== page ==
Digital disruption... and opportunities in professional services

Earlier this week I presented to the Sunshine Coast group of the CPA - the professional accounting body in Australia with over 150,000 members.

 Colin Graham, Causeway Innovation, presenting to CPA Sunshine Coast

Colin Graham, Causeway Innovation, presenting to CPA Sunshine Coast

The topic was 'Future Proof Your Business Through Innovation' and my message was that there are a lot of changes happening - particularly with rapid advances in technology - and that the accounting profession has an opportunity to embrace innovation to survive and thrive in this new business climate. 'Digital Disruption' is real but any time of disruption also presents major opportunities.

The accounting profession - alongside other professional services such as law, architecture and medicine - is already experiencing disruption, for example with the introduction of cloud based services. A study by researchers at Oxford University and Deloitte found that the likelihood of automation for Chartered and Certified Accountants was 26th out of 366 occupations. This is not necessarily a negative thing as many repetitive tasks can be automated freeing up professional staff to focus on more interesting work that adds greater value to clients.

Tim Kastelle of the University of Queensland defines Innovation as executing new ideas to add value, all three parts of this definition are important. Innovation is often associated with new products but its application is much wider.

The 'Ten Types of Innovation' framework introduced by Doblin highlights that innovation can make an impact in all aspects of business configuration, offering and experience. Research by Peter Fisk of Genius Works highlights that a lot of focus has traditionally been placed on product offerings and introducing new products. Fisk highlights hat the greatest value has been generated in areas such as business model and network innovation and there is great scope for accounting firms in these areas, and across all ten types of innovation.

All professions can learn from each other, and I used an example from the the legal sector in Western Australia. In this example, two firms with 27 years experience between them combined to launch two new brands. One would be positioned as a traditional law firms with a focus on senior partners providing added value services in areas like dispute resolution and commercial law, The second brand would tap into automated technology to target more routine and high volume work relating to property law documents and services. So the firm recognised that some work can be automated and designed a specific brand and service to target this market was a fast, fixed fee service. One of the partners noted:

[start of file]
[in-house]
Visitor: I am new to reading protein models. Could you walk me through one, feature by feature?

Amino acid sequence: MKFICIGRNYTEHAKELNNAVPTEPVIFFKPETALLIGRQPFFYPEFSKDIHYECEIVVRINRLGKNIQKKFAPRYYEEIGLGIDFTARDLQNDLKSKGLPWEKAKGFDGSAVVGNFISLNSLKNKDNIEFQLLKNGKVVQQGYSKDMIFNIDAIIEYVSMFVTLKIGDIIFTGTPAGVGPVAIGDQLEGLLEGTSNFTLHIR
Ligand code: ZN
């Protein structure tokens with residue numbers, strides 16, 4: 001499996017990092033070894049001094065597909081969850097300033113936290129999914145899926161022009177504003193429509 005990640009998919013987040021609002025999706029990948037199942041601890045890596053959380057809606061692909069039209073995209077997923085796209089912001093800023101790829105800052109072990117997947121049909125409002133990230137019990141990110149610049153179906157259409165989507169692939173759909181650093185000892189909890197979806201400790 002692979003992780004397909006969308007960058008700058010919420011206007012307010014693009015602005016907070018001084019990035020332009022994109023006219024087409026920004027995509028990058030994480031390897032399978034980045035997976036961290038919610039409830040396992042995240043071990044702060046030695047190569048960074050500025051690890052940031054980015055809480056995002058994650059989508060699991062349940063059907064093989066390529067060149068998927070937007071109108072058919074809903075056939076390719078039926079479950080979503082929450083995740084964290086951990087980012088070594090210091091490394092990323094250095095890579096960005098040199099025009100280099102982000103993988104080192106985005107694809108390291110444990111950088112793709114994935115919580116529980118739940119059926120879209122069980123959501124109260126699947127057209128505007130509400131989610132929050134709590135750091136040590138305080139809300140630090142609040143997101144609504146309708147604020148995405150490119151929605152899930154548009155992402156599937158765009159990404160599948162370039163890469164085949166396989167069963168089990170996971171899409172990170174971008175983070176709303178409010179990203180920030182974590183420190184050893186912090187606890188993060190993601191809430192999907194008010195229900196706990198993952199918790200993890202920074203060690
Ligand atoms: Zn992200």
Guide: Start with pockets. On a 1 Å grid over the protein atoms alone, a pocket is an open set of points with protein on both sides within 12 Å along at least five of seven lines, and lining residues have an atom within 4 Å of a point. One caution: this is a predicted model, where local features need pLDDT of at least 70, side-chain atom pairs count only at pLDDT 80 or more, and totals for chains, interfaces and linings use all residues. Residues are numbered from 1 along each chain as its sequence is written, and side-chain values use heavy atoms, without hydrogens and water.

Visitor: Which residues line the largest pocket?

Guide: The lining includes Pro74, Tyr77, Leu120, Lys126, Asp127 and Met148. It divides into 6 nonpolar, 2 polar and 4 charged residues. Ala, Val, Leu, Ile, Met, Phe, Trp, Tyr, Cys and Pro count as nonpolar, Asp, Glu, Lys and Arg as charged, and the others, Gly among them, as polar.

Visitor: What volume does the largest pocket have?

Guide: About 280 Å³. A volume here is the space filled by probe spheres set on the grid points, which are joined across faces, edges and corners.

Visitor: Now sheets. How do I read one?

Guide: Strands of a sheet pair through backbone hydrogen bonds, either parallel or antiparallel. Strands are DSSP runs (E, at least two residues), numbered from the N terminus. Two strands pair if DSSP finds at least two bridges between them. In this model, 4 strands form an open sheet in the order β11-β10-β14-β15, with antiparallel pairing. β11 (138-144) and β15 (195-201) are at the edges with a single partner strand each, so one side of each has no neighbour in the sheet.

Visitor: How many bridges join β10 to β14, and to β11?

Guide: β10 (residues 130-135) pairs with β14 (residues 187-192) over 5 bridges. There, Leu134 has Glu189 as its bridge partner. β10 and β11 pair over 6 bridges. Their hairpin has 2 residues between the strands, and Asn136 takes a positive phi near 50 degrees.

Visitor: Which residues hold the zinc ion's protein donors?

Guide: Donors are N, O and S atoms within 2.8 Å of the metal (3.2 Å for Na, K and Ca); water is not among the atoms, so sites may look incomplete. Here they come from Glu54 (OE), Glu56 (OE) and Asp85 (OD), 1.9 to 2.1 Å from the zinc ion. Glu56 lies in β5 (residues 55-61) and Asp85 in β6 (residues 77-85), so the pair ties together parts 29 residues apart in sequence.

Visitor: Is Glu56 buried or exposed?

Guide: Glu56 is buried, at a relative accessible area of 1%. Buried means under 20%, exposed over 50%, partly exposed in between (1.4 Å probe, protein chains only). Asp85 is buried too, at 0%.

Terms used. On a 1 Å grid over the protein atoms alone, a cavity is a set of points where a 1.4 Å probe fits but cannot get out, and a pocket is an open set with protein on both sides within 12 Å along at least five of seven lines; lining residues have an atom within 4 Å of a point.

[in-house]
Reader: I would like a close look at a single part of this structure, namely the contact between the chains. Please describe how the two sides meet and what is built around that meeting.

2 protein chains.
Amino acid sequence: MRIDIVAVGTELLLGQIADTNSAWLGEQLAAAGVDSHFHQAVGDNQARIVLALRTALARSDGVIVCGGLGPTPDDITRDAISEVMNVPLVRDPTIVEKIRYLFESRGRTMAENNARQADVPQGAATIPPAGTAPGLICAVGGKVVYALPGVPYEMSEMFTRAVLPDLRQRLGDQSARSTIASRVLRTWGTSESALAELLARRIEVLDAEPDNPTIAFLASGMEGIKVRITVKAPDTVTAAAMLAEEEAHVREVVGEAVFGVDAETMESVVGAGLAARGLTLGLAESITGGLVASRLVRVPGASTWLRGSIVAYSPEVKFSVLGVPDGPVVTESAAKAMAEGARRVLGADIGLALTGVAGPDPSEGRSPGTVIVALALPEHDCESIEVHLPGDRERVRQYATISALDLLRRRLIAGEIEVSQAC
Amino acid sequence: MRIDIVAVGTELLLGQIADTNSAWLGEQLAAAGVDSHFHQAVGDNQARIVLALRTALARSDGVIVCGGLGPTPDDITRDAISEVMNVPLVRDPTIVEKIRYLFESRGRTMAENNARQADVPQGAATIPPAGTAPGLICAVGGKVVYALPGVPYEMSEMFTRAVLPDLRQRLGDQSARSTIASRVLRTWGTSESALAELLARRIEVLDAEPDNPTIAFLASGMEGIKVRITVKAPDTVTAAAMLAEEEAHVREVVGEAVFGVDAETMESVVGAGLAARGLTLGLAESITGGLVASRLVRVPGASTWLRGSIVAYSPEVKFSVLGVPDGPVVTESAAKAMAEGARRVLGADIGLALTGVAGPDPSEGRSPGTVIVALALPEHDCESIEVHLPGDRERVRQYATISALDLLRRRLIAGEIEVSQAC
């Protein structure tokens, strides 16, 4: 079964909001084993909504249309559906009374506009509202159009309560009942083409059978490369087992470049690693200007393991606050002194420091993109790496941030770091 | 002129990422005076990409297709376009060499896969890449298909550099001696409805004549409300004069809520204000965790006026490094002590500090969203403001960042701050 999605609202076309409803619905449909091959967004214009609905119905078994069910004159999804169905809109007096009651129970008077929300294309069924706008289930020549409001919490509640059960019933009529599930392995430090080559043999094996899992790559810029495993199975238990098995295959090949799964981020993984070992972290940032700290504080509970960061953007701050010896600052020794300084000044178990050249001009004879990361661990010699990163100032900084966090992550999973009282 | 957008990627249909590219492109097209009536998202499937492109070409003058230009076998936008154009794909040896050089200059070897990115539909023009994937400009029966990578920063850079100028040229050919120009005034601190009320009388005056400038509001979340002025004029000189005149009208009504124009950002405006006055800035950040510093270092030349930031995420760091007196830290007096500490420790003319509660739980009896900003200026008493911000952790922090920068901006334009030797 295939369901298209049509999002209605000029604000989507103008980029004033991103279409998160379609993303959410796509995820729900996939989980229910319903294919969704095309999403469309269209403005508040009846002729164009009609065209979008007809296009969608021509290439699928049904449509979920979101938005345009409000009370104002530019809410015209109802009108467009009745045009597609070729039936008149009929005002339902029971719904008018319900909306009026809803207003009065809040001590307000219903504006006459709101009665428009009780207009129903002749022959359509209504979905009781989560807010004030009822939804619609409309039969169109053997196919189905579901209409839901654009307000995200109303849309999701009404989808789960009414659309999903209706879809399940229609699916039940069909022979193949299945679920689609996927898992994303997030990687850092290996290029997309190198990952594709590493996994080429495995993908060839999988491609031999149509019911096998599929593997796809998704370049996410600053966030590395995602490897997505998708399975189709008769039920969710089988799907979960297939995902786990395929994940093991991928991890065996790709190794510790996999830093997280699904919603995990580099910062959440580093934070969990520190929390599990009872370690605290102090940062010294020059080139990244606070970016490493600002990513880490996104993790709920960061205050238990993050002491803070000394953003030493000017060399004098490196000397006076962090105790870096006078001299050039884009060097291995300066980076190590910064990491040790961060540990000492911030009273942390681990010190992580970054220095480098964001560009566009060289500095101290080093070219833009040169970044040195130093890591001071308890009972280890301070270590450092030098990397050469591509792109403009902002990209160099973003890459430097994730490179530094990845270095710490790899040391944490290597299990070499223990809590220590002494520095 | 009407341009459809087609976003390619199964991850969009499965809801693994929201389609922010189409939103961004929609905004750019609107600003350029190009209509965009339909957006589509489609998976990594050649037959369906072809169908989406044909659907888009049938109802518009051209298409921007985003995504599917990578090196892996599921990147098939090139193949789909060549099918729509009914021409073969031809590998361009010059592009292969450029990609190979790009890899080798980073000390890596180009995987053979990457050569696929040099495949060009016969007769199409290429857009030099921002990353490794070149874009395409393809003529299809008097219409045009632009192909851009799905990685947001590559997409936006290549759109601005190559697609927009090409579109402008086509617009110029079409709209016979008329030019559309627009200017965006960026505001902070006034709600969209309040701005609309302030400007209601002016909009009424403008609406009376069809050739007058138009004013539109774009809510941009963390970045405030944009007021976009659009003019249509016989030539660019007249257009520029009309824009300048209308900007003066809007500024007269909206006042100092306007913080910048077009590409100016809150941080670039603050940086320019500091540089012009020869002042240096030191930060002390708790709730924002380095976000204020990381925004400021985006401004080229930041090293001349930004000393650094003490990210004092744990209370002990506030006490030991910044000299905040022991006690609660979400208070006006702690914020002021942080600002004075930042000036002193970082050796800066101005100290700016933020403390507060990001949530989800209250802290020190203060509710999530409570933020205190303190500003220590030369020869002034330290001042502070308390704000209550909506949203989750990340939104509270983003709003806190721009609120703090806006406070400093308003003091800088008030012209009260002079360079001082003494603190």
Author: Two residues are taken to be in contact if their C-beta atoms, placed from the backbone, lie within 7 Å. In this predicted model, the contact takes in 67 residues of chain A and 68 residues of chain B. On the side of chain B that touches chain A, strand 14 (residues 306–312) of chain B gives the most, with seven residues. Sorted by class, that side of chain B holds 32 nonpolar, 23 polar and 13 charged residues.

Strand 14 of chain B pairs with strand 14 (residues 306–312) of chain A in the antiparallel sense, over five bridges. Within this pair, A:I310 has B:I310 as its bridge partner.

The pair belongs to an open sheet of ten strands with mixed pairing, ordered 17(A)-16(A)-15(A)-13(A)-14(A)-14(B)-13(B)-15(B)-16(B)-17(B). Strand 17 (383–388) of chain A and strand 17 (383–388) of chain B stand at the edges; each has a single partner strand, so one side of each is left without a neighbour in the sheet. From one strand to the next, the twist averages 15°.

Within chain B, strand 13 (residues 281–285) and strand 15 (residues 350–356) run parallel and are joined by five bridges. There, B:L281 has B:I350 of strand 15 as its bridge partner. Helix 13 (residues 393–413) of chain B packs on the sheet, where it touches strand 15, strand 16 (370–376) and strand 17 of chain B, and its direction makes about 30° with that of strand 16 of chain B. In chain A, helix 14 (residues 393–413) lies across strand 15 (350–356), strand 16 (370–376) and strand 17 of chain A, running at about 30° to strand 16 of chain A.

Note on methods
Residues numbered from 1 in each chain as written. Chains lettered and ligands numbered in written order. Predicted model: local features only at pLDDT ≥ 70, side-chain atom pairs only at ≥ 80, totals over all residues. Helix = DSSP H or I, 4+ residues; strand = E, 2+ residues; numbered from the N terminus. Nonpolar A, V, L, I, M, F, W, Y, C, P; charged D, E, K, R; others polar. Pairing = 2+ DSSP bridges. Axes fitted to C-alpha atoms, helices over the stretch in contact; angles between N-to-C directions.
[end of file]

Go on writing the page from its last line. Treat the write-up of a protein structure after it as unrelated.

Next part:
Traditional law firms risk being left behind, particularly in practice areas that are commoditisable, as they struggle with falling productivity and intense competition from new firms who are embracing different and more cost-effective ways to provide legal services,’ Shannon Davis

I also highlighted examples of a couple of accounting firms that have established distinctive positions and developing an innovative approach in business models, branding and network innovation - at least. The examples were:

Business Depot, based in Brisbane and Toowoomba: Brisbane office includes a co-working space, distinctive branding, positioned as business advisors, regular program of business events, a network of service providers called The Collective.

Blue Rock, based in Melbourne: very distinctive postionning, branding, work environment and wide range of business services to support entrepreneurs, including digital marketing

 Blue Rock offices

Blue Rock offices

In conclusion, accounting - and other professional service sectors - is experiencing a rapid period of change and disruption. The opportunity is there to tap into innovation and create a greater impact for clients, more rewarding work for staff and greater returns for the firm.

   

 

 

Colin Graham